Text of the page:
Wednesday Jan 30, 2019
HONG KONG: A pair of his father's old tandoor ovens helped Hong Kong restaurateur Asim Hussain achieve a dream — the world's first Michelin star for a Pakistani restaurant, an accolade he hopes will fire interest in the country's often overlooked cuisine.
Like many of Hong Kong's 85,000 strong South Asian population, Hussein's family trace their lineage in the bustling financial hub back generations, when the city was a British colonial outpost.
His great-grandfather arrived during World War One, overseeing mess halls for British soldiers while his Cantonese speaking father owned restaurants in the eighties and nineties.
Hussein, 33, already had some twenty eateries in his group when he decided to embark on his what he described as his most personal and risky project yet, a restaurant serving dishes from Pakistan's Punjab region, the family's ancestral homeland and where he was packed off to boarding school aged six.
His father, a serial entrepreneur and even once Pakistan's ambassador to South Korea, suggested he restore two old tandoors from his now shuttered restaurant collecting dust in storage.
"He comes from a generation that doesn't throw things away," laughs Hussain, dressed in a traditional knee-length tunic and sitting in a restaurant decked with paintings by Pakistani artists. "Actually the results are better than if we had new ovens because these things improve with age."
Those tandoors, frequent trips to Lahore to perfect recipes and a kitchen overseen by head chef Palash Mitra, earned the New Punjab Club a Michelin star just 18 months after it opened its doors.
The success made headlines in Pakistan, a country that is unlikely to see a Michelin guide any time soon and whose chefs have long felt overshadowed by the wider global recognition gained from neighbouring India's regional cuisines.
"It makes us proud, it makes us very happy," Waqar Chattha, who runs one of Islamabad's best-known restaurants, told AFP. "In the restaurant fraternity it's a great achievement. It sort of sets a benchmark for others to achieve as well."
Hussain is keen to note that his restaurant only represents one of Pakistan's many cuisines, the often meat-heavy, piquant food of the Punjab. At it doesn't come cheap — as much as $100 per head.
"I'm not arrogant or ignorant to say this is the best Pakistani restaurant in the world. There are better Pakistani restaurants than this in Pakistan."
But he says the accolade has still been a "great source of pride" for Hong Kong's 18,000-strong Pakistani community.
"It's bringing a very niche personal story back to life, this culture, this cuisine is sort of unknown outside of Pakistan, outside of Punjab, so in a very small way I think we've shed a positive light on the work, on who we are and where we come from," he explains.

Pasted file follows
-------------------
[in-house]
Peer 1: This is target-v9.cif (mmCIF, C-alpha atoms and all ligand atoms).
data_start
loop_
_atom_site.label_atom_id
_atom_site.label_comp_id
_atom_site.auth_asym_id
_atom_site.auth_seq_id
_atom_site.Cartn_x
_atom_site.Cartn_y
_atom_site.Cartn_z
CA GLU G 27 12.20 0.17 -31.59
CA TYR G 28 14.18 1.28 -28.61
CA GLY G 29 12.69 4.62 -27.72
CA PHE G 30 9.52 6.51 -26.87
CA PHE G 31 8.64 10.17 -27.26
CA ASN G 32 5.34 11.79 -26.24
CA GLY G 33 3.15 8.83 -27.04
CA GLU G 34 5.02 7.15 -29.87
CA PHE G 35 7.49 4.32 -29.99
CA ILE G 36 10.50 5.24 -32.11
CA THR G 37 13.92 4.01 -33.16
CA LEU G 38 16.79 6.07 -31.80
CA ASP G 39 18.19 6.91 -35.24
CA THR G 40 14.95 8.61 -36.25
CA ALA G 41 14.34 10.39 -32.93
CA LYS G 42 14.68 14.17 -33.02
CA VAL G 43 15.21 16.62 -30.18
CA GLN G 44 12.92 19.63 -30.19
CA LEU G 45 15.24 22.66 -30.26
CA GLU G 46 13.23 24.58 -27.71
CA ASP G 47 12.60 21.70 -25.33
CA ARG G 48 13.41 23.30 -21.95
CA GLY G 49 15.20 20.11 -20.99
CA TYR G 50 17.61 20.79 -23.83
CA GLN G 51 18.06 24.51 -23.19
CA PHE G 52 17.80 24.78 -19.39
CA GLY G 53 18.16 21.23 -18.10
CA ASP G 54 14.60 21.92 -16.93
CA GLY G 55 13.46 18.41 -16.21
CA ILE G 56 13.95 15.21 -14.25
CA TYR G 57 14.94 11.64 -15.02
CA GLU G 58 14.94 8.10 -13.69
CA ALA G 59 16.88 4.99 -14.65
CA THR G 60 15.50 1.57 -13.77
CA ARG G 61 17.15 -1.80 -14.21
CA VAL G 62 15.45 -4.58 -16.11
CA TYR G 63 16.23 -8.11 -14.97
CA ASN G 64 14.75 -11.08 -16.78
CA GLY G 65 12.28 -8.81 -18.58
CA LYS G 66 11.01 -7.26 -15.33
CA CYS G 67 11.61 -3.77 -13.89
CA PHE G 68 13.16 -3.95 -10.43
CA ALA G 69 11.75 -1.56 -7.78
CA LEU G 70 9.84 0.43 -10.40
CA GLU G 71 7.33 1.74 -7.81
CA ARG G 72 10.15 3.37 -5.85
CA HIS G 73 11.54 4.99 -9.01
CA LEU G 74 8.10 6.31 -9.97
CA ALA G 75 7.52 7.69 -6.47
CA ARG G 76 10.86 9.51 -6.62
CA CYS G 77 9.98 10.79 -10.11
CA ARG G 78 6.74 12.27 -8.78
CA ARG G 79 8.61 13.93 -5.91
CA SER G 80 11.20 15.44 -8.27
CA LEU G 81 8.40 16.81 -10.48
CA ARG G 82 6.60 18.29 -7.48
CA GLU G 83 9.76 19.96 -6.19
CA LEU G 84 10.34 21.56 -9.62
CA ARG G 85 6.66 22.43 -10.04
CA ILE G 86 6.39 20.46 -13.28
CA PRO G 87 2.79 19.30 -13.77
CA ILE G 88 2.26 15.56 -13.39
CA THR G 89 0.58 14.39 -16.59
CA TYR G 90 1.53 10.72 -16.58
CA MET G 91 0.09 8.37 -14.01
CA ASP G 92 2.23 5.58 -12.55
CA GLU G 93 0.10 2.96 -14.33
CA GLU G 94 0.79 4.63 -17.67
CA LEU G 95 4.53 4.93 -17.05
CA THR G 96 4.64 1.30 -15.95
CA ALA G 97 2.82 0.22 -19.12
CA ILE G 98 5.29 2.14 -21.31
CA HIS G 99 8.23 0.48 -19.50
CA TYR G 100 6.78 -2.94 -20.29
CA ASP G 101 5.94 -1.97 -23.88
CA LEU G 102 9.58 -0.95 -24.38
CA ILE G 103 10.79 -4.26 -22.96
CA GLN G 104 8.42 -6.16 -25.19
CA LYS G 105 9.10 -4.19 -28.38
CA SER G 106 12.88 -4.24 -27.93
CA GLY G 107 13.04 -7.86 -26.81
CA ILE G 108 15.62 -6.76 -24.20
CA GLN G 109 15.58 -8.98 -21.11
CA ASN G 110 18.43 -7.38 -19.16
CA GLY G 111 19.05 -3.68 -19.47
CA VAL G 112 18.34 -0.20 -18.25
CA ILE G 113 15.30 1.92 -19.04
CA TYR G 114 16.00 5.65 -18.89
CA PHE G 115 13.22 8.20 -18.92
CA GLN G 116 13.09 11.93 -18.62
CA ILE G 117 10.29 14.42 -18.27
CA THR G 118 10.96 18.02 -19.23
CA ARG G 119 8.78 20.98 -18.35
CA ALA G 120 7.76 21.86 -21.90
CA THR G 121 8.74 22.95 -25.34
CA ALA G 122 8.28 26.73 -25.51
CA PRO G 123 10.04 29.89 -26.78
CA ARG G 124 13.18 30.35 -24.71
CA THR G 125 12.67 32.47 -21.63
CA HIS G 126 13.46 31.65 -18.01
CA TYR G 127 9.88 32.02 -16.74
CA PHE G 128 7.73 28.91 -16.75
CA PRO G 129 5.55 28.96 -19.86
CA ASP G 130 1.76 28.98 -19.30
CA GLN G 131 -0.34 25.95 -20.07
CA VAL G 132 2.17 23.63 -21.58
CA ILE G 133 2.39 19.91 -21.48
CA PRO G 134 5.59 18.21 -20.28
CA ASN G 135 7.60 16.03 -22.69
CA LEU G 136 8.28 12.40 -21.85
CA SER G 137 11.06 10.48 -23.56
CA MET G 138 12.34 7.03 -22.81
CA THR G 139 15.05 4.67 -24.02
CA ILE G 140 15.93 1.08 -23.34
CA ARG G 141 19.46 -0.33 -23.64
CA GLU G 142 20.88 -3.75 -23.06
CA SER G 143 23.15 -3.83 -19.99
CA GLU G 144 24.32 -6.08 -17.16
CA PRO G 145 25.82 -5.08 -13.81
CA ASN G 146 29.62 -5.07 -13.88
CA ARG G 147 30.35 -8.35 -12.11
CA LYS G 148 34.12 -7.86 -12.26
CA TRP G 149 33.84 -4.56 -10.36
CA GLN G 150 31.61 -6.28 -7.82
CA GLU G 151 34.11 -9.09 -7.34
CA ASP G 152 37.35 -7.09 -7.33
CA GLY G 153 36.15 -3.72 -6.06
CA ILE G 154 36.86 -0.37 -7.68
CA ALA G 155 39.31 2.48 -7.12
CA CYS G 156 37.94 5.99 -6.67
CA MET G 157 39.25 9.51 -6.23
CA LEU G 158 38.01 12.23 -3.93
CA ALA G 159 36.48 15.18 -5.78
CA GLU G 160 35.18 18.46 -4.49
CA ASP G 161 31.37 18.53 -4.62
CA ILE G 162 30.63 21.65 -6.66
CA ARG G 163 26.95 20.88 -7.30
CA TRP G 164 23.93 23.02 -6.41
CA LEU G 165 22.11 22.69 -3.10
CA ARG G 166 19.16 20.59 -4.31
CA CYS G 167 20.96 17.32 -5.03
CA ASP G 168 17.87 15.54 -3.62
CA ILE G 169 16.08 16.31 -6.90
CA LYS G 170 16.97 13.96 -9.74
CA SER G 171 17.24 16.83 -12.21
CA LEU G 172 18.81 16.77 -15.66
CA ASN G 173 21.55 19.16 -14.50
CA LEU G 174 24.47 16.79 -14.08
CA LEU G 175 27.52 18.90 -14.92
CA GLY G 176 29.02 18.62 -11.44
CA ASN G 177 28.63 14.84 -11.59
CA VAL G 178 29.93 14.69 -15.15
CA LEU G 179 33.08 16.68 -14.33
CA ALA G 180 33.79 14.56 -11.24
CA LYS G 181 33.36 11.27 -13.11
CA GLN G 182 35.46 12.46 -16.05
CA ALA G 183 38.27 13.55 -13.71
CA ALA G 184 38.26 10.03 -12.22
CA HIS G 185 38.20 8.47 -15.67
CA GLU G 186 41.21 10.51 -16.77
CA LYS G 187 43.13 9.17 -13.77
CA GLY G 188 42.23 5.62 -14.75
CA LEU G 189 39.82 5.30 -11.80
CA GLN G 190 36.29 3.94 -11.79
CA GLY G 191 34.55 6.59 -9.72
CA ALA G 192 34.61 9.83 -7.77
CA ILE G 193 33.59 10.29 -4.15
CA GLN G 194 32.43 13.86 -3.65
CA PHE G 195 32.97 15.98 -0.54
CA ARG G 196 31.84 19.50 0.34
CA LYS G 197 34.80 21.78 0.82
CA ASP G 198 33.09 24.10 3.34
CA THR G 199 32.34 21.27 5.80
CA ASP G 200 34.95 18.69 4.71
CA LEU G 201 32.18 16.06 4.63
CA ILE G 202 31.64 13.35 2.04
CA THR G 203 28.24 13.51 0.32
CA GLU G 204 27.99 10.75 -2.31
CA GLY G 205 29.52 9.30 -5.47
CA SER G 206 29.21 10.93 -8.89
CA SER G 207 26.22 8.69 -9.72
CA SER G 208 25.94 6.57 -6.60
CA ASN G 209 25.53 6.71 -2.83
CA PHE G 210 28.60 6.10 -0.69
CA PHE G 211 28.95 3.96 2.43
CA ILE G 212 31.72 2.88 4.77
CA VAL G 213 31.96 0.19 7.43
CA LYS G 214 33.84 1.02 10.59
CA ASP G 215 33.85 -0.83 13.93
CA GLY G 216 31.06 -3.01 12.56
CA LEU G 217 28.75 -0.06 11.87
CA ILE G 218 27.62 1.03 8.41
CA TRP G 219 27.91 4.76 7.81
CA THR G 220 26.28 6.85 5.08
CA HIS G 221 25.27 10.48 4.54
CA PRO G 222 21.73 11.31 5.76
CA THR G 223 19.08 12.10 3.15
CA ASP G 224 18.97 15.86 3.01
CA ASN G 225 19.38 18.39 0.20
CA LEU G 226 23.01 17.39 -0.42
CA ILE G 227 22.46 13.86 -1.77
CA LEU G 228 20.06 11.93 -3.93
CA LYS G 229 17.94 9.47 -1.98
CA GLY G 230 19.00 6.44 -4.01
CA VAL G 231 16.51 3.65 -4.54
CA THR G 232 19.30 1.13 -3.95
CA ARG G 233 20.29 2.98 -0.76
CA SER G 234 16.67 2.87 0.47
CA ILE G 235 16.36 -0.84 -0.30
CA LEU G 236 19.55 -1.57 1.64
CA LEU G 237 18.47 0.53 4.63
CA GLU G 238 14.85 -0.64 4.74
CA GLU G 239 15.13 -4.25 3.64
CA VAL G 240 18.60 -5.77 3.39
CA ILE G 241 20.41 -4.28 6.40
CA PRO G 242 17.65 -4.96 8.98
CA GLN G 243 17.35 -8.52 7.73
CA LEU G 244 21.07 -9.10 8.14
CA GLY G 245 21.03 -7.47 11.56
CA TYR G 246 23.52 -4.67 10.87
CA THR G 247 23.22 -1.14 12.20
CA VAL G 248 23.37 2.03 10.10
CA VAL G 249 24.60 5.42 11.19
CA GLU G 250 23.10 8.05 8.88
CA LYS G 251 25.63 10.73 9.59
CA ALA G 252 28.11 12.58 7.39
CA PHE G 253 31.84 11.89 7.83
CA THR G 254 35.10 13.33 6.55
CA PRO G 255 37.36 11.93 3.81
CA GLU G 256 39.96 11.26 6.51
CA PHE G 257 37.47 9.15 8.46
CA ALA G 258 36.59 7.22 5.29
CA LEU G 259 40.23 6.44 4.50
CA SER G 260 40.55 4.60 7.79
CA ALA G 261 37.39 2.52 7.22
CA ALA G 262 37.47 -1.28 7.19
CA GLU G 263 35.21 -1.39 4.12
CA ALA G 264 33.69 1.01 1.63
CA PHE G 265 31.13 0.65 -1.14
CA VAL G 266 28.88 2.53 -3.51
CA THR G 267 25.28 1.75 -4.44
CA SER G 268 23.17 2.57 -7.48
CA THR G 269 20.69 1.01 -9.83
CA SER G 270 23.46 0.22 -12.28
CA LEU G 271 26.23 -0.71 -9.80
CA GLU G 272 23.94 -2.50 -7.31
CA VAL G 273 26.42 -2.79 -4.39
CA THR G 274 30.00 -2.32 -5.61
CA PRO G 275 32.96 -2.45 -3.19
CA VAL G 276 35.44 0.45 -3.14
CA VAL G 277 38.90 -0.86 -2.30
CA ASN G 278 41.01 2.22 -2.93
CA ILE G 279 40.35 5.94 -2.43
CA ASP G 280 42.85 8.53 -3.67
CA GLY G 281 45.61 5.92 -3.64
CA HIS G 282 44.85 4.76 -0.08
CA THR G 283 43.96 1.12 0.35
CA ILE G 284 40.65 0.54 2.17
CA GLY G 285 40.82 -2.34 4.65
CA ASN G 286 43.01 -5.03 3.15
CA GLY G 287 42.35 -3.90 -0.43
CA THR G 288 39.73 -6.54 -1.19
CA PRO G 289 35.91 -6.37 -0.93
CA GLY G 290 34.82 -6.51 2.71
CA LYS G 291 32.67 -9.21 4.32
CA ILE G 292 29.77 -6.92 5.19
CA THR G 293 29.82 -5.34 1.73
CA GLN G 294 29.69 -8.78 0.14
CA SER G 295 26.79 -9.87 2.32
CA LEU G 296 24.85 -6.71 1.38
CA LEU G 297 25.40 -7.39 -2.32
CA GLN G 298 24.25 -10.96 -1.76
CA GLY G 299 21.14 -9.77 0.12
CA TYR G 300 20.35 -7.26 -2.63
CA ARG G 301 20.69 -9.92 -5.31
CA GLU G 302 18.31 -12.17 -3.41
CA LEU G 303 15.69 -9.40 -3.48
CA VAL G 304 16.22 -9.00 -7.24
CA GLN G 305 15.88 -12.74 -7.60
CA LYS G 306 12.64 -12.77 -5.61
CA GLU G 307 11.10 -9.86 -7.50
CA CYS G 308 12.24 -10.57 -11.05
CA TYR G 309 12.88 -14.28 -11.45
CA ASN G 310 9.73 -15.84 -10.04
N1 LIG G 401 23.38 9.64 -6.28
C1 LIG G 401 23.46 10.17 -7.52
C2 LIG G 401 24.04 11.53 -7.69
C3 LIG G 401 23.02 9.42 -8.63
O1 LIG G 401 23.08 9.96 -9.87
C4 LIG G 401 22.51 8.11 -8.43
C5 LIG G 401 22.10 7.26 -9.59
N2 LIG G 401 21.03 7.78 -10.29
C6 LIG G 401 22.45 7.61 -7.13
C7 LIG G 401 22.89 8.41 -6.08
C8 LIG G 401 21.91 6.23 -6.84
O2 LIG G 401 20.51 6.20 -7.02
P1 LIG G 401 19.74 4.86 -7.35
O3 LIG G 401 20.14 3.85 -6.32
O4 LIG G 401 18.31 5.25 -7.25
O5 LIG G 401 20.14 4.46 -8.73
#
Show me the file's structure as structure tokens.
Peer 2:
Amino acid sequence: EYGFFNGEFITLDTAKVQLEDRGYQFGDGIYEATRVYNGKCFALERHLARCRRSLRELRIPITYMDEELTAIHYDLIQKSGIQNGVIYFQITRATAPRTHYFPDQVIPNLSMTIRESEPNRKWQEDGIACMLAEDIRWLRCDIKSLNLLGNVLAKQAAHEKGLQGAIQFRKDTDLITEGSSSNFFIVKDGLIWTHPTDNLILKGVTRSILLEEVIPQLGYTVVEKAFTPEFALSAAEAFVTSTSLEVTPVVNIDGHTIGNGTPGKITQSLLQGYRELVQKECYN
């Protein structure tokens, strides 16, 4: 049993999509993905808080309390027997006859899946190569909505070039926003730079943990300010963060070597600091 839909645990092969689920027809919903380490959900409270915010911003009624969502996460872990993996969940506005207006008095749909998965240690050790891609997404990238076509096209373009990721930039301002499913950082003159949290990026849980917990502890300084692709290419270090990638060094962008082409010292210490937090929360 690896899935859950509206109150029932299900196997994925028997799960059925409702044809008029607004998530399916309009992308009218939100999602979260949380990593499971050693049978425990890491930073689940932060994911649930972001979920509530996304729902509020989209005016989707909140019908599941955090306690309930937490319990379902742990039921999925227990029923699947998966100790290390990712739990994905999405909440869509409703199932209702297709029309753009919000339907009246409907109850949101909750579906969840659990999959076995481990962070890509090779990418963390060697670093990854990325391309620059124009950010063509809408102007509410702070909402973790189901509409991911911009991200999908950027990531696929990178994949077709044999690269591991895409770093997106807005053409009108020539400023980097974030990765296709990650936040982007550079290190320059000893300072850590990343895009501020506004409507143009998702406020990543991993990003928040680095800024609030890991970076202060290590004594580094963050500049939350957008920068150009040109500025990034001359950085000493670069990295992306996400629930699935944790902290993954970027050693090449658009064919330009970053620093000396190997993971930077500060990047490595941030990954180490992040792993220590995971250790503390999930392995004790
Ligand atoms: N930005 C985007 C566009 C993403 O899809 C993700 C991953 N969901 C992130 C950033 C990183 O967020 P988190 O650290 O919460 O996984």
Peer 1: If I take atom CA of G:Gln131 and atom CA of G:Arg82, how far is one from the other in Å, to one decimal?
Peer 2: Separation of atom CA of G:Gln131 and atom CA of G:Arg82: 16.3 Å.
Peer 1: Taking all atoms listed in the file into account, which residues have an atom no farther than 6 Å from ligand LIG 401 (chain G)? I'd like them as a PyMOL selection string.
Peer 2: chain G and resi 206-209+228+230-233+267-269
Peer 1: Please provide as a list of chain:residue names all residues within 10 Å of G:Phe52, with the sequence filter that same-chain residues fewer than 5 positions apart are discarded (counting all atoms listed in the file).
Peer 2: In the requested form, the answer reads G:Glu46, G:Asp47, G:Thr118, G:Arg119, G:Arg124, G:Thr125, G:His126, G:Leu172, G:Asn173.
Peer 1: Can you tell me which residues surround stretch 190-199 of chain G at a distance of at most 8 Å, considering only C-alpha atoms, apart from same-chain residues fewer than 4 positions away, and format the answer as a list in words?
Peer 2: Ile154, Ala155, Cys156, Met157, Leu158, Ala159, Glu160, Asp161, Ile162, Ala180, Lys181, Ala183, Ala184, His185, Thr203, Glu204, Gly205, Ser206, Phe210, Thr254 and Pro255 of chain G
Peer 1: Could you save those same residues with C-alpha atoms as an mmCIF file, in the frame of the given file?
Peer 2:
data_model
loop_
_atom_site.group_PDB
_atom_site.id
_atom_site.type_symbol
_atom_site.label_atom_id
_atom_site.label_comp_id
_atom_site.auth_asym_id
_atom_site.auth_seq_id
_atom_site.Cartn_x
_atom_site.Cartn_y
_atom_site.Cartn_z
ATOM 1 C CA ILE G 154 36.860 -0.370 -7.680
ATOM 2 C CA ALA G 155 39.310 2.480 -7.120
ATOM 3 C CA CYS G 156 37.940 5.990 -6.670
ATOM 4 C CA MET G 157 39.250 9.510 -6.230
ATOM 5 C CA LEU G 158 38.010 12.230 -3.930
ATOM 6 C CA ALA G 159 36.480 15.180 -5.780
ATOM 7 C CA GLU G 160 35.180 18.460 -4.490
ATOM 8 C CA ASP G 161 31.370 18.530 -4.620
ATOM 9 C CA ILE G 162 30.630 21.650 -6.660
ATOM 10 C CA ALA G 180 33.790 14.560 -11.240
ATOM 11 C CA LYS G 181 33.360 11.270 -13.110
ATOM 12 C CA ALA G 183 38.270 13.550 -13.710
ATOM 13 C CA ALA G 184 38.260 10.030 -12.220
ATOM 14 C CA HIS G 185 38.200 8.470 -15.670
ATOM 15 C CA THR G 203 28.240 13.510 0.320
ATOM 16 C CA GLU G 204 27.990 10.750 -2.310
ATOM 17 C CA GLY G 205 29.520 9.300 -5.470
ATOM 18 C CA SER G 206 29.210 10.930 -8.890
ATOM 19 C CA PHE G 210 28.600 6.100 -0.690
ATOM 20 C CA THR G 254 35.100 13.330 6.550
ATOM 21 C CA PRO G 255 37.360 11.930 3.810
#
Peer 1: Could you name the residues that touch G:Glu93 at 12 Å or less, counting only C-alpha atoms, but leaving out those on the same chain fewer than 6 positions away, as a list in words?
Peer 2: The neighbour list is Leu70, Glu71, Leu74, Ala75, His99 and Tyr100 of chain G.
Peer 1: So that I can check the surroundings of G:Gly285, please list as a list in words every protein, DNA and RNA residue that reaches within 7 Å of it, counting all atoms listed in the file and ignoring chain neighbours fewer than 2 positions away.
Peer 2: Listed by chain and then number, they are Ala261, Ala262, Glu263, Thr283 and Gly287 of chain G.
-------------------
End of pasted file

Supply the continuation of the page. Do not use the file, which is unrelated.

It was the second star achieved by Black Sheep, the restaurant group which was founded six years ago by Hussein and his business partner, veteran Canadian chef Christopher Mark, and has seen rapid success.
But the expansion of Michelin and other western food guides into Asia has not been without controversy.
Critics have often said reviewers tended to over-emphasise western culinary standards, service and tastes.
Daisann McLane is one of those detractors. She describes the Michelin guide's arrival in Bangkok last year as "completely changing the culinary scene there — and not in a good way."
She runs culinary tours to some of the Hong Kong's less glitzy eateries — to hole in the wall "dai pai dong" food stalls, African and South Asian canteens hidden inside the famously labyrinthine Chungking Mansions and to "cha chan teng" tea shops famous for their sweet brews and thick slabs of toast.
While she's "delighted" New Punjab Club has been recognised, she has her reservations: "There is a lot of world cuisine operating way under the radar in Hong Kong and it doesn't get noticed by Michelin or the big award groups."
For some, any recognition of Pakistan's overlooked cuisine is a success story.
Sumayya Usmani said she spent years trying to showcase the distinct flavours of Pakistani cuisine, so heavily influenced by the tumultuous and violent migration sparked by the 1947 partition of India.
When the British-Pakistani chef first pitched her cookbook to publishers on her country's cuisine, many initially balked.
But in recent years, she says, attitudes have changed. Pakistani-run restaurants in the west that once might have described themselves as Indian are more proudly proclaiming their real culinary heritage, she says.
"I think it's really good that people are coming out of that fear of calling themselves specifically Pakistani," she told AFP. "It's nice that Pakistanis have started to take ownership of what belongs to them."
Back in Hong Kong, Hussain remarks the hard work has only just begun.
"I joke with the boys and I say that 'It's the first Pakistani Punjabi restaurant in the world to win a star, let's not be the first one to lose a star'".